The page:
For eight long years, the firefighters of Highland Park, Michigan, worked out of a warehouse. There was no red-bricked facade, no lanky Dalmatian. No freshly washed engines gleaming in the sun. No second-floor fire pole to descend in the dead of night to wailing sirens. Whatever idealized vision you have of firefighting, Highland Park is not it. Instead, picture a hulking, boxy building on the edge of an industrial park about six miles north of downtown Detroit. A small metal sign points the way, light blue with “Fire Dept” stenciled in all-caps white, the previous tenant’s name erased with spray paint. There’s a parking lot strewn with detritus (including a vagabond shopping cart) and beyond that train tracks and Interstate 75, the eight-lane highway that cuts through the heart of Detroit.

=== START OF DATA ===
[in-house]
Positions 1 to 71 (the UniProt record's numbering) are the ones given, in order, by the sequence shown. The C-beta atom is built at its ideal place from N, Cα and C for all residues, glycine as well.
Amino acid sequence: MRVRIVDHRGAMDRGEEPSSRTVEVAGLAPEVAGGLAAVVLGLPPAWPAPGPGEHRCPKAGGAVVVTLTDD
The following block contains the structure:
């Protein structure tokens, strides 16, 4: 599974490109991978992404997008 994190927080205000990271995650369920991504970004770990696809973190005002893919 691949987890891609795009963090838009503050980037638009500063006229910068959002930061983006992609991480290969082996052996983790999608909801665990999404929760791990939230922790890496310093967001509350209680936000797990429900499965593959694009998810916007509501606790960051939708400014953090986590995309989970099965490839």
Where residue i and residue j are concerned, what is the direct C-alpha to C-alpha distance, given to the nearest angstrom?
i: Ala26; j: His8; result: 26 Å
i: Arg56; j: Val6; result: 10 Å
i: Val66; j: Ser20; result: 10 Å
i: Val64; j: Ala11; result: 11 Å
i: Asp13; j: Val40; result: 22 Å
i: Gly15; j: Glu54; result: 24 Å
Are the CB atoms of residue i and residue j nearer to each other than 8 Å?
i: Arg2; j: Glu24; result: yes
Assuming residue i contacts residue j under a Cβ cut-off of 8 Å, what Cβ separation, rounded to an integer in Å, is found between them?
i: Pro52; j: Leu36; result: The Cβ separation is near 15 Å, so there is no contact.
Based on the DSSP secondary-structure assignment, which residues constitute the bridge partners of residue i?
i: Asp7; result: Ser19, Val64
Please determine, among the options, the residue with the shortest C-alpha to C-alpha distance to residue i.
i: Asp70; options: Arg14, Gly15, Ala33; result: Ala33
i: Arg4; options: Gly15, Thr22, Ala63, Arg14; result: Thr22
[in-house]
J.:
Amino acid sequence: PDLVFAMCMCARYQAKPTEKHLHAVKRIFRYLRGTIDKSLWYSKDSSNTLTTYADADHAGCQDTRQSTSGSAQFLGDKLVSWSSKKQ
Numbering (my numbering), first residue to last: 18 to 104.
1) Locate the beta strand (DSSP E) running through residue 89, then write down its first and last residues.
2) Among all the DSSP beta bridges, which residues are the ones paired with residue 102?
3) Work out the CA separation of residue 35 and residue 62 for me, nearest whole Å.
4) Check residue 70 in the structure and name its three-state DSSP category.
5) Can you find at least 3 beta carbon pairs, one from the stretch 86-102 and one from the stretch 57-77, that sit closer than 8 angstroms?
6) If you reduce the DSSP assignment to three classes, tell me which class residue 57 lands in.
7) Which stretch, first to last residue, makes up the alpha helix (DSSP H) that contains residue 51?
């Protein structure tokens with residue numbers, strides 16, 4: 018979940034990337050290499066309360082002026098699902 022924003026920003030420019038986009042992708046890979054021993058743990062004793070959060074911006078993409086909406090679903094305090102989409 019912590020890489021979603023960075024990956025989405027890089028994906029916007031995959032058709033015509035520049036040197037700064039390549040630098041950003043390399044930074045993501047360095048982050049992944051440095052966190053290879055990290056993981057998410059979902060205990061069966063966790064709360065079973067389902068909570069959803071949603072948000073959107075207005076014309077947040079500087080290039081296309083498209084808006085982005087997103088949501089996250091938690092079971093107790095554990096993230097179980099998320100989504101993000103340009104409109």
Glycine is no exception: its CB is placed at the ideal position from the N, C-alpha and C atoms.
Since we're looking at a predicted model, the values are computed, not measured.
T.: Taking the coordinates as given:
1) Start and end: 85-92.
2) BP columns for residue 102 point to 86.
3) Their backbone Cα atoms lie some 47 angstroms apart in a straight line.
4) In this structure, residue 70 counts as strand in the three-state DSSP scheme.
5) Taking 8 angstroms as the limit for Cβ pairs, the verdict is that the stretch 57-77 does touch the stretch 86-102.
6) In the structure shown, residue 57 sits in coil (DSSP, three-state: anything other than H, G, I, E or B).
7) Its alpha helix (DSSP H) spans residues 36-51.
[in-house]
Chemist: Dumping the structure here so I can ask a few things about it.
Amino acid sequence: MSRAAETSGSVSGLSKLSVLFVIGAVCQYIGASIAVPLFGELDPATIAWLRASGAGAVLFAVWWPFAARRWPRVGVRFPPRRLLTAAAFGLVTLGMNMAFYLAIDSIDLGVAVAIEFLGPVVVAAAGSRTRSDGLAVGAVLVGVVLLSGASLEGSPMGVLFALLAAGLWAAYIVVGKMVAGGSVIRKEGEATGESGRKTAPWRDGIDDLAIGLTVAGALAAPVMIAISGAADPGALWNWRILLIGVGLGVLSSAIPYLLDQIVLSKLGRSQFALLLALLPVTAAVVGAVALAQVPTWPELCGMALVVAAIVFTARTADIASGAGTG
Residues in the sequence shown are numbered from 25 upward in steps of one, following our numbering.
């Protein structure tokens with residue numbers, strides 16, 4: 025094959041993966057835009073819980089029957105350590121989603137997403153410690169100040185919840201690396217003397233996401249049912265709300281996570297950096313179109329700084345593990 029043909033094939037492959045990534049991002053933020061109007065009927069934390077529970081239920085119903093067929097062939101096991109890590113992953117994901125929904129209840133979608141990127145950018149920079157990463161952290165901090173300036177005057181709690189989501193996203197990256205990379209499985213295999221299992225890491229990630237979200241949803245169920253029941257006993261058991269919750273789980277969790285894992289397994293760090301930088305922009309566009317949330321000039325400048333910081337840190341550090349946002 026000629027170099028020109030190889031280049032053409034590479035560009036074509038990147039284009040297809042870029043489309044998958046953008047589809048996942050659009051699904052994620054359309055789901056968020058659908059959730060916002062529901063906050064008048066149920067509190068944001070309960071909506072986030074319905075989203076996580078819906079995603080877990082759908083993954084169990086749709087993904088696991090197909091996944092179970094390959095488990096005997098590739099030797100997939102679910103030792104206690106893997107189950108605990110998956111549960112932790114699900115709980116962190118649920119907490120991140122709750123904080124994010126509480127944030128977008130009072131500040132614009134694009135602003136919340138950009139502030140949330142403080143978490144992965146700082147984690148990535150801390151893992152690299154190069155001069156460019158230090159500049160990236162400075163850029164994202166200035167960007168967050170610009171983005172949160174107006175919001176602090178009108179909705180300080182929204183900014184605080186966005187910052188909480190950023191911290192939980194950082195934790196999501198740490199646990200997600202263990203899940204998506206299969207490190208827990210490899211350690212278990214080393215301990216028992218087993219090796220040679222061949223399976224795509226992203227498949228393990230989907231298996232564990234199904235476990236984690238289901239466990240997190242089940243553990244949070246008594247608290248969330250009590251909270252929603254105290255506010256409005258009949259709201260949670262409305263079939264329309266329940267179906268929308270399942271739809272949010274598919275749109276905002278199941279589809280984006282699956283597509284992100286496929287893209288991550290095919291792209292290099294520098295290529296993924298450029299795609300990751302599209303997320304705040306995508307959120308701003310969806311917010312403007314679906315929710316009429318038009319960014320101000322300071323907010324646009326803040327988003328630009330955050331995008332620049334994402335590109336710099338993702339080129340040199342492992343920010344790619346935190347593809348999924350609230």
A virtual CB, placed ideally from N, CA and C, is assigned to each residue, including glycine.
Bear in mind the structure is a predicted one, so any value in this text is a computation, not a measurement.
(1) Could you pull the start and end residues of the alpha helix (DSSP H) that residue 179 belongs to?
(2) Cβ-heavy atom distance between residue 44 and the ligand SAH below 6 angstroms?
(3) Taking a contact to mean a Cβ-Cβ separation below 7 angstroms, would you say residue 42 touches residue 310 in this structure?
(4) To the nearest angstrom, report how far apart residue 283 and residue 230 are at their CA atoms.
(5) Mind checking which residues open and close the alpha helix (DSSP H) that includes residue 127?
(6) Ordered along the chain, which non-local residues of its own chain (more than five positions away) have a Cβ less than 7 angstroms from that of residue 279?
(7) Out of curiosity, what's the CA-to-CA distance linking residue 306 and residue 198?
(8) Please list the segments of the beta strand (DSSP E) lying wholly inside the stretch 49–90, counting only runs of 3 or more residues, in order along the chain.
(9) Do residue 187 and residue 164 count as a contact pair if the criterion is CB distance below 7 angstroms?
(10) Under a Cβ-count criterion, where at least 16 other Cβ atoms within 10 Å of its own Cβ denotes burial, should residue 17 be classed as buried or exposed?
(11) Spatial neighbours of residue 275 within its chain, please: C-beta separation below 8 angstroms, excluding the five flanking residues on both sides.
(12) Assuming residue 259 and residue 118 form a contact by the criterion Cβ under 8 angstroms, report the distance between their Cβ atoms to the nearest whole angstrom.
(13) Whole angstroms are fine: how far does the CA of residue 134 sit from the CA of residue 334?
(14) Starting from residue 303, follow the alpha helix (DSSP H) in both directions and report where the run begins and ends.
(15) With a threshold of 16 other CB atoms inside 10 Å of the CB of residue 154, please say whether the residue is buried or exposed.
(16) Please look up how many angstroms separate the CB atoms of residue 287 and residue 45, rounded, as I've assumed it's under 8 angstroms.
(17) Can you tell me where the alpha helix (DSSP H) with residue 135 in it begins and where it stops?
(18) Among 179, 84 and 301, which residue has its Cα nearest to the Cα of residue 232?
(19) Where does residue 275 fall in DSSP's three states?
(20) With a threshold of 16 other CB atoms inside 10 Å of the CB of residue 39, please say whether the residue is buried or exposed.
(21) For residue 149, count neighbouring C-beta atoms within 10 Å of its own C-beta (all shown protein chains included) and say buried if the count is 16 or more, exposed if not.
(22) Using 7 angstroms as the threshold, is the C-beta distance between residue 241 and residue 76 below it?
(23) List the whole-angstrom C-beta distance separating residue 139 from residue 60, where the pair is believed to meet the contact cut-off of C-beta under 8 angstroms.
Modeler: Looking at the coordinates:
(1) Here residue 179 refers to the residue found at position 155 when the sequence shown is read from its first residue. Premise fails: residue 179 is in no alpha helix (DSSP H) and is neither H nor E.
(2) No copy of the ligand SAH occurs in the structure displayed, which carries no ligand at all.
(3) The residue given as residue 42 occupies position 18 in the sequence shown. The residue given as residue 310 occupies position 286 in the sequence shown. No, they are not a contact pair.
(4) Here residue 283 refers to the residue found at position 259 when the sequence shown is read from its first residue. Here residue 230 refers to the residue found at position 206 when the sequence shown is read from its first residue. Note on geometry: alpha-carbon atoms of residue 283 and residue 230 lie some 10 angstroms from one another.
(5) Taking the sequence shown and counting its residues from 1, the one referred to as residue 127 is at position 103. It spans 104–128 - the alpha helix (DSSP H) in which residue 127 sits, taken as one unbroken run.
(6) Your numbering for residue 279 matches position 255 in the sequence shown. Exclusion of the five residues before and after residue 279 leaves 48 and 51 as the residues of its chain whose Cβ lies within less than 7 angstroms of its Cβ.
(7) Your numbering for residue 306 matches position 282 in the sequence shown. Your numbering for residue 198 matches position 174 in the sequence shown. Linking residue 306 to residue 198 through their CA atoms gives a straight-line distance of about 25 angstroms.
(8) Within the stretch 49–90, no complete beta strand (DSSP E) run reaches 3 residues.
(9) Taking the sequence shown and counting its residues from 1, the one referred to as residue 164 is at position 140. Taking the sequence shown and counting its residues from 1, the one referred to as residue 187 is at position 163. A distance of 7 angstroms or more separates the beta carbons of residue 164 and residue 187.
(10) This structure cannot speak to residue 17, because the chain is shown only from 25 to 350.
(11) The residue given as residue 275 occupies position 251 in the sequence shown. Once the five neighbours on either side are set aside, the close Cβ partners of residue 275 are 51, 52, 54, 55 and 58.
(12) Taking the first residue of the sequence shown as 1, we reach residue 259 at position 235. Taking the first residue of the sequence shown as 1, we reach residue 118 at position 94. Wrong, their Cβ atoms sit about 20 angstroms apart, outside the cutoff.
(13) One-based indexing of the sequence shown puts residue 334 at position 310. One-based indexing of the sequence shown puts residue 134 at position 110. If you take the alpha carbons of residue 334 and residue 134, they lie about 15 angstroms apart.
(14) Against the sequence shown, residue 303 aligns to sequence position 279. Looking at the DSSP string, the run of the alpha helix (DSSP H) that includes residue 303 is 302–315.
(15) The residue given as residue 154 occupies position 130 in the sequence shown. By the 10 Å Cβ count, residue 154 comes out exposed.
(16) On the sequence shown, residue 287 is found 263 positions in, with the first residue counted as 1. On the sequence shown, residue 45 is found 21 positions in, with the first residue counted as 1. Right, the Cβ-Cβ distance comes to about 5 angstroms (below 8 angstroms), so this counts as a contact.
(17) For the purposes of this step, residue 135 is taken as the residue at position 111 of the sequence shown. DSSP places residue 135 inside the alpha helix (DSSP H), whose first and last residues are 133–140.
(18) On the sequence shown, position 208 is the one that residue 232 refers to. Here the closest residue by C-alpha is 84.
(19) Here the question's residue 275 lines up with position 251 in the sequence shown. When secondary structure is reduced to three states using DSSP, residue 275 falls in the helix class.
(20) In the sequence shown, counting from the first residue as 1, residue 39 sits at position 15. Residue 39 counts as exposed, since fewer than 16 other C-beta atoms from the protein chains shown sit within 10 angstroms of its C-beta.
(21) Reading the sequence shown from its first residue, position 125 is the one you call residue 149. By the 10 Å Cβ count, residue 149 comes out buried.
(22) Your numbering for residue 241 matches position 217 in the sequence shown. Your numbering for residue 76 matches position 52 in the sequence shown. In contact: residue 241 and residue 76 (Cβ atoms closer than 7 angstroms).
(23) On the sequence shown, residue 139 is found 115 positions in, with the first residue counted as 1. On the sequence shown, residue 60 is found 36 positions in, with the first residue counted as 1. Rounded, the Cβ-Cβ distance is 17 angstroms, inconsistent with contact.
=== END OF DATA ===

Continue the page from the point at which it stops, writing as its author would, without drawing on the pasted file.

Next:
The Highland Park fire department opened nearly a century ago, in 1917, to serve the booming city. It once employed 84 firefighters; today it’s less than half that. Yet they answer, on average, 1,000 runs a year, including 150-200 structure fires. They fight car fires, respond to accidents, and answer calls about hazardous materials. They have one working ladder truck.